Monday, December 19, 2016

Reviews: Rogue One, La La Land, Hacksaw Ridge

I feel that I can definitively declare that George Walton Lucas Jr. is the individual who has had both the most positive and negative influence on the Star Wars film franchise.  Yes, he did give birth to all the characters, planets and concepts of the universe that has dominated science fiction for the past 40 years.  BUT, he also single-handedly gave us the episodes 1-3 prequels that should have been WAY more entertaining and polished than what they turned out to be.  Director Gareth Edwards throws a middle finger directly at Lucas with his epic Star Wars stand-alone masterpiece Rogue One.  The story of the rebels' plight to retrieve secret Death Star plans is a rousingly entertaining and enjoyable experience that culminates in the best 45 minutes of CGI wizardry I've ever seen on screen.  Disney has responsibly and effectively taken the reigns from George Lucas and it's undoubtedly the best thing that's happened in Hollywood in quite some time.

The general plot of the film is well known by Star Wars fans, but early-on in this movie, we meet the key players in the mission to retrieve the plans.  Jyn Erso (Felicity Jones - whom I feel is just a gorgeous and talented actress) is the daughter of a weapons expert who helped construct the Death Star under the guidance of Director Krennic (Bloodline's every-man Ben Mendelsohn).  She ends up being stranded as a young girl and looked after by rebel activist Saw Guerrera (Forrest Whitaker).  Meeting up with rebel captain Cassian Andor (Diego Luna) and a band of misfit mercenaries including an aging blind ninja-style assassin and his hefty warrior friend, the team steals a rebel ship they codename "Rogue One" and attempt to retrieve the plans left by Erso's father.  The movie starts a bit slow but picks up steam towards the end with the battle of Scarif.  All throughout we get a bit of comedy with K-2SO, a new robot in the vain of C-3PO that has a deadpan delivery and a clever sense of self-worth.  Like BB-8 with R2D2 in Episode VII, K-2SO is an improvement on it's original (and frankly out-dated) golden plated predecessor.

All of the acting is solid and Jones and Mendelsohn stand out in particular.  However, the real spectacle of this film lies within the battle sequences, carefully crafted by Edwards. This is no Transformers/Matrix hodgepodge of CGI clashes in the darkness.  Hell, even Edwards' Godzilla film featured mostly dark-lit combat sequences.  The battle of Scarif at the end of the movie is filmed gorgeously during the light of day on a beach-laden planet.  Stormtroopers and AT-ATs never looked better on screen.  There's something so satisfying as a life long Star Wars fan in seeing such a grand-scale all out war in this universe.  X-Wings and Tie Fighters darting around in a bright Earth-type atmosphere while giant rebels ships and star destroyers wage war against each other above in space.  Edwards simply paints the canvas with all out chaotic battles by using the camera as his brush.  It's truly amazing to witness on the big screen and if the Academy does not honor this technical achievement it will be a terrible omission.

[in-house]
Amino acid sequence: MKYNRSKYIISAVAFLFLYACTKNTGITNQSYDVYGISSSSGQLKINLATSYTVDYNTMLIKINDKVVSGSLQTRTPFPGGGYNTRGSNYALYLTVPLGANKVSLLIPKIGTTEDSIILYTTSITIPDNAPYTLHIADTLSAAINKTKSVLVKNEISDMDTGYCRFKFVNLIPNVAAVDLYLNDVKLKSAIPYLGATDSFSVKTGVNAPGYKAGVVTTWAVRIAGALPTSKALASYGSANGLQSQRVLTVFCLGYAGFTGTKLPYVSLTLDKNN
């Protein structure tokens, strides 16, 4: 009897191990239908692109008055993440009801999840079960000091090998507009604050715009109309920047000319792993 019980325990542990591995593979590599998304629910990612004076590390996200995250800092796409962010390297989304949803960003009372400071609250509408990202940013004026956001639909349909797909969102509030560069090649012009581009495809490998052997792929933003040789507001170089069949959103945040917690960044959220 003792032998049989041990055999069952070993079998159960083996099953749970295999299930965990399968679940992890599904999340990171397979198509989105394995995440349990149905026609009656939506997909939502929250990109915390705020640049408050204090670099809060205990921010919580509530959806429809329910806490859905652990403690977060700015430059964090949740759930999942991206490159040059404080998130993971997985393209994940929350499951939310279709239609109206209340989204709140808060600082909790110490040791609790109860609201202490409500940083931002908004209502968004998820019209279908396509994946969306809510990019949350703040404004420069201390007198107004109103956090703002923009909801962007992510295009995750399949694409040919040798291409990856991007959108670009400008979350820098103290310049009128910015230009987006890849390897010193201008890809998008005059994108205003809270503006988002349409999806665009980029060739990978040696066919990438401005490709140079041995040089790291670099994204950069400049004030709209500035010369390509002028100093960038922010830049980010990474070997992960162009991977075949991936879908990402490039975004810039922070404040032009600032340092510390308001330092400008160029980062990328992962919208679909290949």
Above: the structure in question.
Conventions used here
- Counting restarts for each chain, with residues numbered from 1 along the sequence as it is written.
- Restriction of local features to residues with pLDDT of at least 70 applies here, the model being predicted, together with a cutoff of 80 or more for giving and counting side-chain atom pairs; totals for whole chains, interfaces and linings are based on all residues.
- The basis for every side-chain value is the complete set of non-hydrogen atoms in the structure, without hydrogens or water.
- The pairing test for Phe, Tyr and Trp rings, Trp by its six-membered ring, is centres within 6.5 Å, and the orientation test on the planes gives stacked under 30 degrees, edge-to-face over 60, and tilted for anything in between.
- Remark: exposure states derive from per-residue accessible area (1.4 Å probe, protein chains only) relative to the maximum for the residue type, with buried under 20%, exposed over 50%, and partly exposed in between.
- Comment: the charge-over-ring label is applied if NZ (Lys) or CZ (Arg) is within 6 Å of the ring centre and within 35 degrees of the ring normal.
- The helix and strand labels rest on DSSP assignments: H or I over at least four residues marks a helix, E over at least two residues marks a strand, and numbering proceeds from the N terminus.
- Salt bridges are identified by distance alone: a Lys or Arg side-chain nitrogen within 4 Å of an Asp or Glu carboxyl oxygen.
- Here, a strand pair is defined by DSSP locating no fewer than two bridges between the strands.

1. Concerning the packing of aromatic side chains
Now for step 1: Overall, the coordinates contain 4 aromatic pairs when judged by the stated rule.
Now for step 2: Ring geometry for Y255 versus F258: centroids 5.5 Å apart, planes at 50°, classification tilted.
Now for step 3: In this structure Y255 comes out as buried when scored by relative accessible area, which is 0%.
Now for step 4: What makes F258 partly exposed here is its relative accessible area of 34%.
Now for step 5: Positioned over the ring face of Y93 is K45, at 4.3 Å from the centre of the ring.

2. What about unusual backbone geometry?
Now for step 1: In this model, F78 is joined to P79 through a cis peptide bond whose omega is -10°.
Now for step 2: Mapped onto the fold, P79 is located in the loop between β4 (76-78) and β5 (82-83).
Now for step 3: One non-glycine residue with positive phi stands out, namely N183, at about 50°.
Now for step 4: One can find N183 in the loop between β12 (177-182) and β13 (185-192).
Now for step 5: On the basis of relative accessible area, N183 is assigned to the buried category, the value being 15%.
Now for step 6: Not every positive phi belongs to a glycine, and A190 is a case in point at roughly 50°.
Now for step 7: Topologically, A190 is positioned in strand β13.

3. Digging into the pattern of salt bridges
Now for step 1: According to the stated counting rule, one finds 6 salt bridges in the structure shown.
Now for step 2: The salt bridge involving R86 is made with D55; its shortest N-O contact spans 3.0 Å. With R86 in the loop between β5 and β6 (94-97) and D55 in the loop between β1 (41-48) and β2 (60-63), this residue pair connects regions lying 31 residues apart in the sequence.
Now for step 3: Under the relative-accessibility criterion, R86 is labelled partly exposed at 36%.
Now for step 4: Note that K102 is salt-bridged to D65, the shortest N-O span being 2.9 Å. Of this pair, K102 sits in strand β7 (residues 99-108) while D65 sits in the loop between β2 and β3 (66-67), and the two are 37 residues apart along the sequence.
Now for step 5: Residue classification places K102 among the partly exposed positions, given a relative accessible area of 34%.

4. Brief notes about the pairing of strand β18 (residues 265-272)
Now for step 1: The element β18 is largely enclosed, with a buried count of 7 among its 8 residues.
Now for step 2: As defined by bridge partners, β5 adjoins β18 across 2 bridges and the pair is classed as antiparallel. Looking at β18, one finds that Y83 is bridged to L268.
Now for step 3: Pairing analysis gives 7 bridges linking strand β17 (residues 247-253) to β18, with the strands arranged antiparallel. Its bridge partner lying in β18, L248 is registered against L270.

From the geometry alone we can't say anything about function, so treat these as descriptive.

What I experienced during the battle of Scarif was youthful joy pure and simple.  As a kid watching the original trilogy unfold, I kept thinking that these characters and vehicles of this world could be used again to entertain and engage me in future stories.  When the prequels were announced I got my hopes up that episodes 1-3 would be just that, bad-ass Star Wars films.  Unfortunately, Lucas disappointed but hope sprung up in me again with The Force Awakens.  Thankfully J.J. Abrams quenched my thirst with a very entertaining and well crafted follow-up last year.  Edwards has taken that progress and pushed it to 11 with Rogue One.  We FINALLY get a BAD ASS Star Wars film with rebels and imperial forces going all-out against each other.  The battle of Scarif makes the awesome aerial action at the end of ROTJ seem like child's play.  Huge Star Destroyers are crashing into each other.  Imperial walkers are attacking and crashing all over sandy beaches.  All of the epic mayhem is playing out on-screen with the same DNA of A New Hope (all of the ships and uniforms are spot-on in matching the design of the first Star Wars release in 1977 and the action looks "lived-in" like it really did occur right before Episode IV).  Add in the much-satisfying scenes with Darth Vader (including an amazing smack-down at the end of the film) and you get a movie-going experience that speaks DIRECTLY to the pre-teen Jordan Rose who was so enthralled with this universe during the original trilogy.  I especially enjoyed how the movie ends right where Episode IV begins.  You could almost classify this film as Episode 3.5.

This movie is not perfect, but it's damn near close to perfect and the second best Star Wars movie of all time after The Empire Strikes Back.  Yes, this is better than A New Hope and better than The Force Awakens.  5 out of 5 JRs for the most entertaining and satisfying motion picture of 2016.  Edwards has a bright future ahead of him.  He's only 18 days younger than me and he has probably earned the opportunity to be very choosy with his next project.  All I know is Rian Johnson has his work cut out for him in topping this one with Episode VIII next Christmas.  Thankfully, the future of Star Wars is so bright and definitely in the proper creative hands with The Mouse.